CROCKER’S REPORT SUGGESTS STRATEGY OF SURGE IS FAILING: When Bush announced the escalation, he claimed the strategy was to reduce violence to “make [political] reconciliation possible.” Ambassador Ryan Crocker, who testified with Petraeus yesterday, “had the task of making a coherent case for extending a substantial American presence” even though the strategy has failed and political advances in Iraq have amounted to little. His conclusions were “measured and far from rosy. He admitted that he was ‘frustrated every day I am in Iraq.'” He also “acknowledged that political reconciliation in the form of legislation in Baghdad is at a standstill,” offering little hope of a near-term resolution. Chairman Lantos assessed, “Prime Minister Maliki has not shown the slightest inclination to move in the direction of compromise. Instead of working to build national institutions — a truly Iraqi army, a competent bureaucracy, a nonsectarian police force — Maliki has moved in the opposite direction.” Crocker refused to sound a critical note about Maliki, telling Fox News’s Brit Hume last night, “I think he is a person of integrity and courage.” “Really?” a shocked Hume responded.

THE VOICES OF IRAQIS: The media circus that enveloped Petraeus’s testimony distracted attention away from another important voice that emerged yesterday — the Iraqi people. A national survey of Iraqi public opinion conducted by ABC News, BBC, and Japanese broadcaster NHK found that 70 percent of Iraqis report Bush’s escalation has “worsened rather than improved security.” Seventy-eight percent say “things are going badly,” a jump of 13 points since the surge began. Almost eighty percent of Iraqis oppose the presence of U.S. forces, affirming the perspective of seven members of the 82nd Airborne who wrote in the New York Times that the military is viewed as “army of occupation” in Iraq. In June, outgoing Joint Chiefs chairman Peter Pace said the fundamental question the United States should use to measure success is whether “Iraqis feel better today than they did yesterday.” The answer to that question is a resounding no.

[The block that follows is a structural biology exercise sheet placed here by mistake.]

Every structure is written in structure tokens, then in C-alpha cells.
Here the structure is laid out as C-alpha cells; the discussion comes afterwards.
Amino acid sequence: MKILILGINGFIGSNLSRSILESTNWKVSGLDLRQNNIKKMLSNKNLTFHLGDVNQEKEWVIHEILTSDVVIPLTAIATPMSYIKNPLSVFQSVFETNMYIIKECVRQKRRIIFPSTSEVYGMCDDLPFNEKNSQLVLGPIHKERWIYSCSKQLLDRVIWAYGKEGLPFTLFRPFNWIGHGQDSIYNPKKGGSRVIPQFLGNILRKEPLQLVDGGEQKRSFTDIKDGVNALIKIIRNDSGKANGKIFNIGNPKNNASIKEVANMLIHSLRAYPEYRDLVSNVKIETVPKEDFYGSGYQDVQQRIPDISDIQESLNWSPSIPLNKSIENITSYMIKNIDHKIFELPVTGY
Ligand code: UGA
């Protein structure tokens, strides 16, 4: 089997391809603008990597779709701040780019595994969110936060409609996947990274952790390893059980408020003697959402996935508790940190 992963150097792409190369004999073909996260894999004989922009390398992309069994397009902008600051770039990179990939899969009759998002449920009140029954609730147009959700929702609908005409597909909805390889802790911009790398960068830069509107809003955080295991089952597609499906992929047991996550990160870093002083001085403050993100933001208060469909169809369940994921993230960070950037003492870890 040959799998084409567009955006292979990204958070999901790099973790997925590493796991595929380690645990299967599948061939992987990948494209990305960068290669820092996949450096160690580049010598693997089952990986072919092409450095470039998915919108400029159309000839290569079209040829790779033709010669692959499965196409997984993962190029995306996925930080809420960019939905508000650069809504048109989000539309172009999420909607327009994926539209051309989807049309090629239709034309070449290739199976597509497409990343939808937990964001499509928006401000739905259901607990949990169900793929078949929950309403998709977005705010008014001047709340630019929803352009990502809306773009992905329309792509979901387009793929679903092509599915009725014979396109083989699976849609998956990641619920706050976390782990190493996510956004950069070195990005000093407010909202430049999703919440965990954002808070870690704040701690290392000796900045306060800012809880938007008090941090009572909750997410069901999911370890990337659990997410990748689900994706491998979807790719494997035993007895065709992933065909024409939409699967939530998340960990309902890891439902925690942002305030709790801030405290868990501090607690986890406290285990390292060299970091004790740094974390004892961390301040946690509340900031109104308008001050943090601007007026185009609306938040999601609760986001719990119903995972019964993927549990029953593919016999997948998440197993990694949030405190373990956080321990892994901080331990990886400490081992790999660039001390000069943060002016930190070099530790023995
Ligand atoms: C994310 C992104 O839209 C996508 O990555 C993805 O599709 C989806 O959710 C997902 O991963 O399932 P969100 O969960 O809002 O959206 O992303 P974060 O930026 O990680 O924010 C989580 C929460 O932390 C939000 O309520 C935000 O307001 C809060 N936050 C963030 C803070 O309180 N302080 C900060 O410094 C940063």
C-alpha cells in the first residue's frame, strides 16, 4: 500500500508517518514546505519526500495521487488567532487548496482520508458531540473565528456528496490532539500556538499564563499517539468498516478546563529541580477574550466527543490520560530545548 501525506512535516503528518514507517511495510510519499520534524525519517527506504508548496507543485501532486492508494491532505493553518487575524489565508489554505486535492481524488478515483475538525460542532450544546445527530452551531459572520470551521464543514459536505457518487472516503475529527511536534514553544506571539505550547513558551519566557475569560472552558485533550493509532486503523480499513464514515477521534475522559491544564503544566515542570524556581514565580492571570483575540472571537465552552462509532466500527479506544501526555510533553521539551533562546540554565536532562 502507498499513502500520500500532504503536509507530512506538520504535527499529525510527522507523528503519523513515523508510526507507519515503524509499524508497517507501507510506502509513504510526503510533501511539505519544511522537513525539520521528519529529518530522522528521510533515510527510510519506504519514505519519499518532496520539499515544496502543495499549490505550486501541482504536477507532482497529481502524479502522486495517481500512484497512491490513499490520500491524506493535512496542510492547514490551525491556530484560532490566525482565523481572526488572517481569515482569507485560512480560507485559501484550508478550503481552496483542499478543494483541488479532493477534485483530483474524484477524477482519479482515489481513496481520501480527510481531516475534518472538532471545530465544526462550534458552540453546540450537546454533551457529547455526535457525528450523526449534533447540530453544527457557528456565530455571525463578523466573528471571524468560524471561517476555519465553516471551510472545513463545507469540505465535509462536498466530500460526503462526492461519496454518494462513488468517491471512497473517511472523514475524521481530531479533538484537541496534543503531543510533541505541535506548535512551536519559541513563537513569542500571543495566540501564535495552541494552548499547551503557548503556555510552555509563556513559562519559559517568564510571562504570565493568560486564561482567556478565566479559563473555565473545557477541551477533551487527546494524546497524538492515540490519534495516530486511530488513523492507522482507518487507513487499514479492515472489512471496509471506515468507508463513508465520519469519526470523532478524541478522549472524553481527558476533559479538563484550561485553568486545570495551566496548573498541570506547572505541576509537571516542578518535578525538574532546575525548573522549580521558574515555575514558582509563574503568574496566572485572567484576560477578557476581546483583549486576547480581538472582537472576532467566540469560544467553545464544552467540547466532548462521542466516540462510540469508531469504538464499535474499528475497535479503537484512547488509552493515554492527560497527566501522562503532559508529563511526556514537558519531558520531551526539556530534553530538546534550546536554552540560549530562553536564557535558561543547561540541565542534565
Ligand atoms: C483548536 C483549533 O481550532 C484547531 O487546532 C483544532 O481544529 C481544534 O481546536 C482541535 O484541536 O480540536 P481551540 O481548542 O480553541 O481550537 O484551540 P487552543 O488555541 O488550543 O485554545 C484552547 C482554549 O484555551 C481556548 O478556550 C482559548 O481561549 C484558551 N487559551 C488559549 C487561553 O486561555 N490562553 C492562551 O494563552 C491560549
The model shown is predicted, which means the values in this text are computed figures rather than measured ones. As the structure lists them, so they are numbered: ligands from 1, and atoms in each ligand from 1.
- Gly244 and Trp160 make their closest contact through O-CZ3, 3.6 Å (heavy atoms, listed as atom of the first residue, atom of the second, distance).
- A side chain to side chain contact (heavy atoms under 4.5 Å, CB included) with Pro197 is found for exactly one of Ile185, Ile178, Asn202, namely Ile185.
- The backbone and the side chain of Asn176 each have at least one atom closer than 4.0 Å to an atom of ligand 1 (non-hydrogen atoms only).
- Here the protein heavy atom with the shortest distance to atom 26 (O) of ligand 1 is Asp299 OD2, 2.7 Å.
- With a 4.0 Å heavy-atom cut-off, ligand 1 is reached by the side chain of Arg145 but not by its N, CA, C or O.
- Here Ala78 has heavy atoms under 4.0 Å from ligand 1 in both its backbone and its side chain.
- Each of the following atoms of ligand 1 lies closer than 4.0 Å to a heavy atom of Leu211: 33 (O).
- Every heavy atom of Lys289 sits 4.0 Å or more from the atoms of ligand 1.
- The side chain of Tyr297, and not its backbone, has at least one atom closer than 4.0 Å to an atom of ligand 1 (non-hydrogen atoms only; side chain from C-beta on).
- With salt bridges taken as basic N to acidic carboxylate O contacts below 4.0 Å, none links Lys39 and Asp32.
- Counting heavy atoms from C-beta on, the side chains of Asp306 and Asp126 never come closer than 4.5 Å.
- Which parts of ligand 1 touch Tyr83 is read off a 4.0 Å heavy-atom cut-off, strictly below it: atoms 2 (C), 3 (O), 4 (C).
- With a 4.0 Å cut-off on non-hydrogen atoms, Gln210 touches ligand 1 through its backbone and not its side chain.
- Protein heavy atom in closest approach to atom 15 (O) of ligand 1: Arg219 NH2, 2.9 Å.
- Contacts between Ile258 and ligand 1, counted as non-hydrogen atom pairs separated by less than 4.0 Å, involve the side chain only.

IRAQ — PETRAEUS TESTIMONY IGNORES ETHNIC CLEANSING IN IRAQ: Yesterday, Gen. David Petraeus told Congress that President Bush’s “surge” is working. As evidence, he cited “security gains” and reduced violence in Baghdad. But as McClatchy notes, none of Petraeus’s charts that “purported to show the decline in sectarian violence in Baghdad between December and August made” brought up the fact “that the ethnic character of many of the neighborhoods had changed in that same period from majority Sunni Muslim or mixed to majority Shiite Muslim.” A recent Newsweek analysis found that the Bush administration’s escalation has actually “increased the [internally displaced persons] to some extent.” The Iraqi Red Crescent Organization and the United Nations reported last month that the “number of Iraqis fleeing their homes has soared since the American troop increase began in February.” Despite the mass exodus of Iraqis from conflict zones, the Iraqi health ministry reports there still have been more civilian deaths this month than in previous months. The National Intelligence Estimate confirmed that where some “conflict levels have diminished,” it has been due to ethnic cleansing.

In an new interview with GQ magazine, former Defense Secretary Donald Rumsfeld insists that in Afghanistan, “28 million people are free. They have their own president, they have their on parliament. Improved a lot on the streets. … It’s been a big success!” In reality, the country has been abandoned by the United States. Afghanistan President Hamid Karzai said recently that security there had “definitely deteriorated,” an assessment one former national security official deemed “a very diplomatic understatement.” Yesterday, two suicide bombings killed more than 20 Afghans, representing the rise of terrorist attacks in the country. The Taliban has carried out “103 suicide bombings in Afghanistan in the first eight months of 2007, a 69 percent increase over the same period last year.” The resurgence of Taliban power has also led to record production levels of opium for the second year in a row. Rumsfeld, meanwhile, insists that he continues to receive “hundreds and hundreds” of letters “complimenting” him for his service to the country.